The facility is also offering Central Chronic Medicine Dispensing and Distribution programme (CCMDD).  This means that stable patients that comply with standard treatment guidelines are able to collect their medicine at a pick-up point that is accessible to them.  This affords shorter travelling and queuing time for patients.  To date, 996 patients from the hospital have been rolled out on the CCMDD programme. 


The CEO reported to the Committee that the National Health Laboratory Services (NHLS) has been offering blood services to hospital since 2001.  The national tests turnaround time is 24 hours, however, an agreement between the NHLS and the hospital for routing blood results, is a maximum of four hours and emergency tests are one hour. Tshwane District Hospital and the NHLS has intranet system that allows doctors to retrieve patients’ results as soon as they are loaded on the system.  Computers are therefore available in each and every patient care area.


The CEO informed the Committee that there are infrastructure projects that have been completed which include air conditioning temperature control unit in theatre, pharmacies, offices and all the patient service areas. Door locks and elbow action taps have been upgraded.  New fridges in the mortuary and five beds in the maternity waiting home have been purchased.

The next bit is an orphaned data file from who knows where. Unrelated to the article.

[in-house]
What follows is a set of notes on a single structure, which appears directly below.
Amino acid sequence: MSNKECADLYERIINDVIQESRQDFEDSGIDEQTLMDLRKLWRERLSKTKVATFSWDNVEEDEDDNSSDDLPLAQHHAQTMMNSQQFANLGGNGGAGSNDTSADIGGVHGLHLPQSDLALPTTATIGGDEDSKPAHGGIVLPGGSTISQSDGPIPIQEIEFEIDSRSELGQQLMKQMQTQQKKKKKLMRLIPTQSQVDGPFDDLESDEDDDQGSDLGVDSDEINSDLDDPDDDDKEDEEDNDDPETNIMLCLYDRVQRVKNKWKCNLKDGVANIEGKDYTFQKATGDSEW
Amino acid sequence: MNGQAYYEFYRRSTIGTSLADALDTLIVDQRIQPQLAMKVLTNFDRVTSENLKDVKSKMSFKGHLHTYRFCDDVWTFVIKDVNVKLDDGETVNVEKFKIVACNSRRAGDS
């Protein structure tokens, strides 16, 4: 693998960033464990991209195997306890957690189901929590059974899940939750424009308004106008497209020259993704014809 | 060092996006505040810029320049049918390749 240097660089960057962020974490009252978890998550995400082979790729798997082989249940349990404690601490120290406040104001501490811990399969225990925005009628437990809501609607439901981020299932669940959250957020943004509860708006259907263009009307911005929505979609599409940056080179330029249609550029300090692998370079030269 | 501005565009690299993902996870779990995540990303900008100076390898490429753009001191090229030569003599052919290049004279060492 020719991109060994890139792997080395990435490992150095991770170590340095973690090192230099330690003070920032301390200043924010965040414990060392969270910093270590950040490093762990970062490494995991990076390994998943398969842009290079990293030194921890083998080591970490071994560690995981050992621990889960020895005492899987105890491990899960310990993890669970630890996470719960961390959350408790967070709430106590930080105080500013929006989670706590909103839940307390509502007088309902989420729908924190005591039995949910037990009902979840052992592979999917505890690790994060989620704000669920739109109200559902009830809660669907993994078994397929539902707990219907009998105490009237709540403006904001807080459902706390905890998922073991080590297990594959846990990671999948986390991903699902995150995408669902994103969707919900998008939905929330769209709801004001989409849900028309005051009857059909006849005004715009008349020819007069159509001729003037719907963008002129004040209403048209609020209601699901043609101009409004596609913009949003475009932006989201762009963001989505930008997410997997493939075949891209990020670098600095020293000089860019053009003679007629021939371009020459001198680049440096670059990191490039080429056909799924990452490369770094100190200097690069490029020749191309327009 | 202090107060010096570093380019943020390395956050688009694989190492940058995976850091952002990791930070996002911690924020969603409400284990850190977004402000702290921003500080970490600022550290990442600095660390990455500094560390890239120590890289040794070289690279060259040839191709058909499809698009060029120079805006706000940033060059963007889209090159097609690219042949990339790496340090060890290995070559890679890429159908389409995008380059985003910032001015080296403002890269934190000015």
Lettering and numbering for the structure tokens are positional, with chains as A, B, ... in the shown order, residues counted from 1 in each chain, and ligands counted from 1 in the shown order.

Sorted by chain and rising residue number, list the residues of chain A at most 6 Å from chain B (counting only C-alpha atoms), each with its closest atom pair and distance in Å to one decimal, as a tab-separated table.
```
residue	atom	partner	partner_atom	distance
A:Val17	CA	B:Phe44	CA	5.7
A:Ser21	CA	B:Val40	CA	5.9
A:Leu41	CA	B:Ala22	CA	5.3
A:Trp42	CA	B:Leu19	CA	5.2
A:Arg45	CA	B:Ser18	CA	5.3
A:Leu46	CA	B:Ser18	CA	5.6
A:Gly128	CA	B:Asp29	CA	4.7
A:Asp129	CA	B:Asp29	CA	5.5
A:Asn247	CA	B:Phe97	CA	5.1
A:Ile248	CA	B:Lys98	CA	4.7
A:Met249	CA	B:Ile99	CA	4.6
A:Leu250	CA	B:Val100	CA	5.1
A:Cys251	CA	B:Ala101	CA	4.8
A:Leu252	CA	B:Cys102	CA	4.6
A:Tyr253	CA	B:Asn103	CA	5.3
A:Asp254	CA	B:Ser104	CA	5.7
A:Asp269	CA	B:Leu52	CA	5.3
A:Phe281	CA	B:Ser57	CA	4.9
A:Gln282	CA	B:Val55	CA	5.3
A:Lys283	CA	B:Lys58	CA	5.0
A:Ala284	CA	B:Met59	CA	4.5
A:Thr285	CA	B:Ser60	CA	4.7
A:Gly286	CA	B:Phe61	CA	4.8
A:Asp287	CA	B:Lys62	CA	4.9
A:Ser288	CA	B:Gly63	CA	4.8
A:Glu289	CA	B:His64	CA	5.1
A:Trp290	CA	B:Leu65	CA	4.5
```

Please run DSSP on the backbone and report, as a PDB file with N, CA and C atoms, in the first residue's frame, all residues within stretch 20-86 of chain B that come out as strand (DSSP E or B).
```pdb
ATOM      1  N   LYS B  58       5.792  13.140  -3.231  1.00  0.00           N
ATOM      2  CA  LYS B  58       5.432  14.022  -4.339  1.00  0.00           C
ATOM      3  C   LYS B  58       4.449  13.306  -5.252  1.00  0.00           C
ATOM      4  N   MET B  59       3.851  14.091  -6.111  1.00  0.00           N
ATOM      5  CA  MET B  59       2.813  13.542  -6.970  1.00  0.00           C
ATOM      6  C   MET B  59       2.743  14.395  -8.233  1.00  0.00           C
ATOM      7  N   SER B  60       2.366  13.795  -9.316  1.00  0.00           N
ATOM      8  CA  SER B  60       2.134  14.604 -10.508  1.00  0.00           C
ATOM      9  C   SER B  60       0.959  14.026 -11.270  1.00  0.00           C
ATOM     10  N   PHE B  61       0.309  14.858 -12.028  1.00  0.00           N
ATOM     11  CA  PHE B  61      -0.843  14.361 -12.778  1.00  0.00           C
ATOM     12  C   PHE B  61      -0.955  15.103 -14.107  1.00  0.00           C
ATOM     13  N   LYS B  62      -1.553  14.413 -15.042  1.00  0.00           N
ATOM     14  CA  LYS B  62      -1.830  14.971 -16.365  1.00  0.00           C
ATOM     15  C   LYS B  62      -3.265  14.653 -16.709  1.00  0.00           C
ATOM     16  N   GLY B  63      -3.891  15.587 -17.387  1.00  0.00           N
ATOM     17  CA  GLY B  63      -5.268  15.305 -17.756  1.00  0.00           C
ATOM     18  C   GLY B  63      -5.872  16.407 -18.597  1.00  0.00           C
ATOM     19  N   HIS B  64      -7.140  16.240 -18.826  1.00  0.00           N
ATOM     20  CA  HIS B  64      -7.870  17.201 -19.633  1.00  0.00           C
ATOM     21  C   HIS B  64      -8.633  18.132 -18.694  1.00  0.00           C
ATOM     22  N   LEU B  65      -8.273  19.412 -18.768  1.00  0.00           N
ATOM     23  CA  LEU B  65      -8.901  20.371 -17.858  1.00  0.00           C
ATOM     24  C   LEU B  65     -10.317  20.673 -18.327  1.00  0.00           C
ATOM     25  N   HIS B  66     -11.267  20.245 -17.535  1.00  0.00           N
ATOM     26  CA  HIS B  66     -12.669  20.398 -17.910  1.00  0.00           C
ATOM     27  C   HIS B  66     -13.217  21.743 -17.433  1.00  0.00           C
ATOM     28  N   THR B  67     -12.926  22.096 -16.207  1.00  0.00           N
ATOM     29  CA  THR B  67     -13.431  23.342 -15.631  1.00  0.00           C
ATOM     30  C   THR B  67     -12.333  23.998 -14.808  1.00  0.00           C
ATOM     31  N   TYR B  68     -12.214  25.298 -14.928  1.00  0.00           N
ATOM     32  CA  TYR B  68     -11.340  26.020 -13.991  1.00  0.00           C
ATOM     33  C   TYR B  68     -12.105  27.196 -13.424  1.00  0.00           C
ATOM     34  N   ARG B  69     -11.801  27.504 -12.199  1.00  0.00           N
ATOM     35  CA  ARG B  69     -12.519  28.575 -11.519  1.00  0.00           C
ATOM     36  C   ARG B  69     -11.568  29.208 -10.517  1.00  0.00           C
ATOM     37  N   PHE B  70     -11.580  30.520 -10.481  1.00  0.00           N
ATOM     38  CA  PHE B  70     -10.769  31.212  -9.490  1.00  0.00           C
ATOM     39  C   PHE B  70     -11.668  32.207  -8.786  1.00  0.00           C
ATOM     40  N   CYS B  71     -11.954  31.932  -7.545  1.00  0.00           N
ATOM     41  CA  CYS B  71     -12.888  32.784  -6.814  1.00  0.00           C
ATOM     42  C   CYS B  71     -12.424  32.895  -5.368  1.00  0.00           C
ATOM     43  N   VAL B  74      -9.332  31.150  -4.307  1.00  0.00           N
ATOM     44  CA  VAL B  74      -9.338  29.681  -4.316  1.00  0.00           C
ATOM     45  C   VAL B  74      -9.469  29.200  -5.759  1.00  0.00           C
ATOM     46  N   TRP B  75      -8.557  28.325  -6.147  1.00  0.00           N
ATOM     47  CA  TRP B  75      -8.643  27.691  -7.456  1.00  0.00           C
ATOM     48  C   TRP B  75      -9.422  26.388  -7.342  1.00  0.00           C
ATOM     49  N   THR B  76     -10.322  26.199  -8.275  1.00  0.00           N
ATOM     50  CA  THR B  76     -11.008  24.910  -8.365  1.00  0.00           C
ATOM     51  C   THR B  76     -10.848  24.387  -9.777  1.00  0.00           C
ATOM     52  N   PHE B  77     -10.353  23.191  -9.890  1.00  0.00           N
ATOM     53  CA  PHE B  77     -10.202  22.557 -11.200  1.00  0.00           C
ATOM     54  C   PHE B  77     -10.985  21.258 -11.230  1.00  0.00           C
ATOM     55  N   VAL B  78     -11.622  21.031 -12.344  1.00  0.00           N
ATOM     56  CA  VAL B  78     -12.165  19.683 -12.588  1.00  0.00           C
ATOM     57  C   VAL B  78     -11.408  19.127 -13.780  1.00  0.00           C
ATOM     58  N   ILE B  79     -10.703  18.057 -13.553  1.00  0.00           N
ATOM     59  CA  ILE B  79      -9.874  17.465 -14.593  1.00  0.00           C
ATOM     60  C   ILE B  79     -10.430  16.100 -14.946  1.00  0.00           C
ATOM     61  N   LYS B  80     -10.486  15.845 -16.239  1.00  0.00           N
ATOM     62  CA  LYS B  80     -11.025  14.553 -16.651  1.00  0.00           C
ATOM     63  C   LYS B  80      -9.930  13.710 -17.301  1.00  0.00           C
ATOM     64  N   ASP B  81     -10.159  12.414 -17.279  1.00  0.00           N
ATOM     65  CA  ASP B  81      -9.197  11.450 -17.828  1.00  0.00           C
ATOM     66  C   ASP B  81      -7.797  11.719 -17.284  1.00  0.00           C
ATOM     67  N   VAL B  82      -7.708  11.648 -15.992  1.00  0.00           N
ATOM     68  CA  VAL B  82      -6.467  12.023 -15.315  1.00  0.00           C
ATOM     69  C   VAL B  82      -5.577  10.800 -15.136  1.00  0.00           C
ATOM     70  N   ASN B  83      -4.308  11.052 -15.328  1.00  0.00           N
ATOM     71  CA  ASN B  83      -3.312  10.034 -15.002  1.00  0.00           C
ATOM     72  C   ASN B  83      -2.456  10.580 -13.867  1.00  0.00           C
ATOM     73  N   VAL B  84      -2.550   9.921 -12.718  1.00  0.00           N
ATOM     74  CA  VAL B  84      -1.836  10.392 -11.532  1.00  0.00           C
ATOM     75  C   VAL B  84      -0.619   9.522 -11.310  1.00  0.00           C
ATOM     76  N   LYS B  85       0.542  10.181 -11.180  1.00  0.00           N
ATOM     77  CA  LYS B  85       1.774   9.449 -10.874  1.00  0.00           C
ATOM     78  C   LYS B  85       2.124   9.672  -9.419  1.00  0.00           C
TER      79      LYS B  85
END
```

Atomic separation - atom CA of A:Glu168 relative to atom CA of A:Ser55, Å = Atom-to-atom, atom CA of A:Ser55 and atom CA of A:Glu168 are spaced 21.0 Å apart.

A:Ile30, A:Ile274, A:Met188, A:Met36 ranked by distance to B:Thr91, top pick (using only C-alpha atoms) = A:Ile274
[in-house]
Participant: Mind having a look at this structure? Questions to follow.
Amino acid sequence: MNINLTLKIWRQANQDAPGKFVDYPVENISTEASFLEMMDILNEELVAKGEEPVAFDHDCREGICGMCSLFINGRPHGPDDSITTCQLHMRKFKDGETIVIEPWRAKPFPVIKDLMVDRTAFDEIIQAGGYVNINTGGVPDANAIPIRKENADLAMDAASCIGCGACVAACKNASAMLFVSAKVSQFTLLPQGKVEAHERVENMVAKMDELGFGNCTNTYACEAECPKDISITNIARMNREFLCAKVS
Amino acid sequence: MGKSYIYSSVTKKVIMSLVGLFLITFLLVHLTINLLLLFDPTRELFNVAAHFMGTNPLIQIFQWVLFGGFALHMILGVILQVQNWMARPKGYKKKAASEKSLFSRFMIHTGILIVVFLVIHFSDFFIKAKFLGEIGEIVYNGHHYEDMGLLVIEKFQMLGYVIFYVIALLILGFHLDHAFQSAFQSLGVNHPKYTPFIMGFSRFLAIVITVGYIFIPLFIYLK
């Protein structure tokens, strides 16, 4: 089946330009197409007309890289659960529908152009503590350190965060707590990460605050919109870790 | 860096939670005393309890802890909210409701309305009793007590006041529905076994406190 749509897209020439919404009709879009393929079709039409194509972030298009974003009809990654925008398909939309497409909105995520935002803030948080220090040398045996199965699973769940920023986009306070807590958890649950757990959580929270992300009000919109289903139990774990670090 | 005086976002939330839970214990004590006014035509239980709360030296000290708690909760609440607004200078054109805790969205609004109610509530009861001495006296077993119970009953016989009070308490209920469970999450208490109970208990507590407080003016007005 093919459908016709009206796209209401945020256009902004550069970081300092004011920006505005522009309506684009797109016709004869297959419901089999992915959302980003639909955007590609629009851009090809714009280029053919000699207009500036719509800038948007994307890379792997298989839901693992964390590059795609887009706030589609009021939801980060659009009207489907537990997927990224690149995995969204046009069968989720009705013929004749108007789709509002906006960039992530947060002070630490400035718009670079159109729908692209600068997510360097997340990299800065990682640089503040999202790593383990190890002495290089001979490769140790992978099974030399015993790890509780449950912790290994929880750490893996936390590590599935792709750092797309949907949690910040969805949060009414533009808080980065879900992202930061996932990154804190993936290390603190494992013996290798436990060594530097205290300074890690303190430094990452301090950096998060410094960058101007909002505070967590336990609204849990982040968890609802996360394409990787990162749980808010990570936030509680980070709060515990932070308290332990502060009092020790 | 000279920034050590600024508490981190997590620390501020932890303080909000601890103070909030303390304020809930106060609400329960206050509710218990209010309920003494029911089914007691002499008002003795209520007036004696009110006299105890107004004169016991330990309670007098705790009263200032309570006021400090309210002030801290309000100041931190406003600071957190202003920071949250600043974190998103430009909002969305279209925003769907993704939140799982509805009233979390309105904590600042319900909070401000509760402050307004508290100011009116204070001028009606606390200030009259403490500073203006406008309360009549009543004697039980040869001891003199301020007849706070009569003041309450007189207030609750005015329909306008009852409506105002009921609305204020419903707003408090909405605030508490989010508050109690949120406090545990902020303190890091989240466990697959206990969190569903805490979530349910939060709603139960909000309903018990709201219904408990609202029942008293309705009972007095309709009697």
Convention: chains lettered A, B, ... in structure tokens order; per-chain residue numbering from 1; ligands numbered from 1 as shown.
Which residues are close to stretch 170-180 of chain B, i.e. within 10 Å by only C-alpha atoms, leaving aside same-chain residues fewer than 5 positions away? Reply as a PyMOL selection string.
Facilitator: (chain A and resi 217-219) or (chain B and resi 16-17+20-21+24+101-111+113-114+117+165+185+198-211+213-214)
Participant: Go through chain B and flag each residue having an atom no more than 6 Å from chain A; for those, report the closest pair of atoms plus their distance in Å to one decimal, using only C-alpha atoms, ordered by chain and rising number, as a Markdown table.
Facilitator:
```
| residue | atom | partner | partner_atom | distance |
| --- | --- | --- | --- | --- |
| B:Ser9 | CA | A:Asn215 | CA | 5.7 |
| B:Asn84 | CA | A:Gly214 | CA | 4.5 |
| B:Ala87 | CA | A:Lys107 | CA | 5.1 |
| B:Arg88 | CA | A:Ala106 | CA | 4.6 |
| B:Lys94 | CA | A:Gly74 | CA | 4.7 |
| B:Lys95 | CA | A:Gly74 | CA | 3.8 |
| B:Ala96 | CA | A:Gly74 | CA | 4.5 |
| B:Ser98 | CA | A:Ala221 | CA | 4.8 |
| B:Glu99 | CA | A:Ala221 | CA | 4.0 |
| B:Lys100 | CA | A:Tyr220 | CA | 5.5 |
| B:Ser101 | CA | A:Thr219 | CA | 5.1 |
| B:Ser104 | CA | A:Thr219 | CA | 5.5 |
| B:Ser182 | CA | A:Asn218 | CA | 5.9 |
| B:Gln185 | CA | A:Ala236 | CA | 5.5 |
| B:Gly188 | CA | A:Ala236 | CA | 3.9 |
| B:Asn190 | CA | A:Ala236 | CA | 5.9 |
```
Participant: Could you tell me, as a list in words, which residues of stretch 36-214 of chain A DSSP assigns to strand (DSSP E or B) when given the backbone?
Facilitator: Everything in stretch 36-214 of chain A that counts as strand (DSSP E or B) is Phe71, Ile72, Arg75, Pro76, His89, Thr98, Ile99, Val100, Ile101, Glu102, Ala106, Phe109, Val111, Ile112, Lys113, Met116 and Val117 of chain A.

On achievements the CEO reported that on 3 December 2014, the Member of Executive Committee (MEC) Ms Qedani Mahlangu opened the newly upgraded outpatient department (OPD) waiting area, staff gym, staff braai area, four new lifts and the new garden. Tshwane District Hospital won the best district hospital (Tshwanelo Awards 2014); 1st runner up for the best district hospital 2015; 1st runner up for the best pharmacy in 2014; winner of best pharmacy in 2015; and best performance patient satisfaction amongst district hospitals in 2015.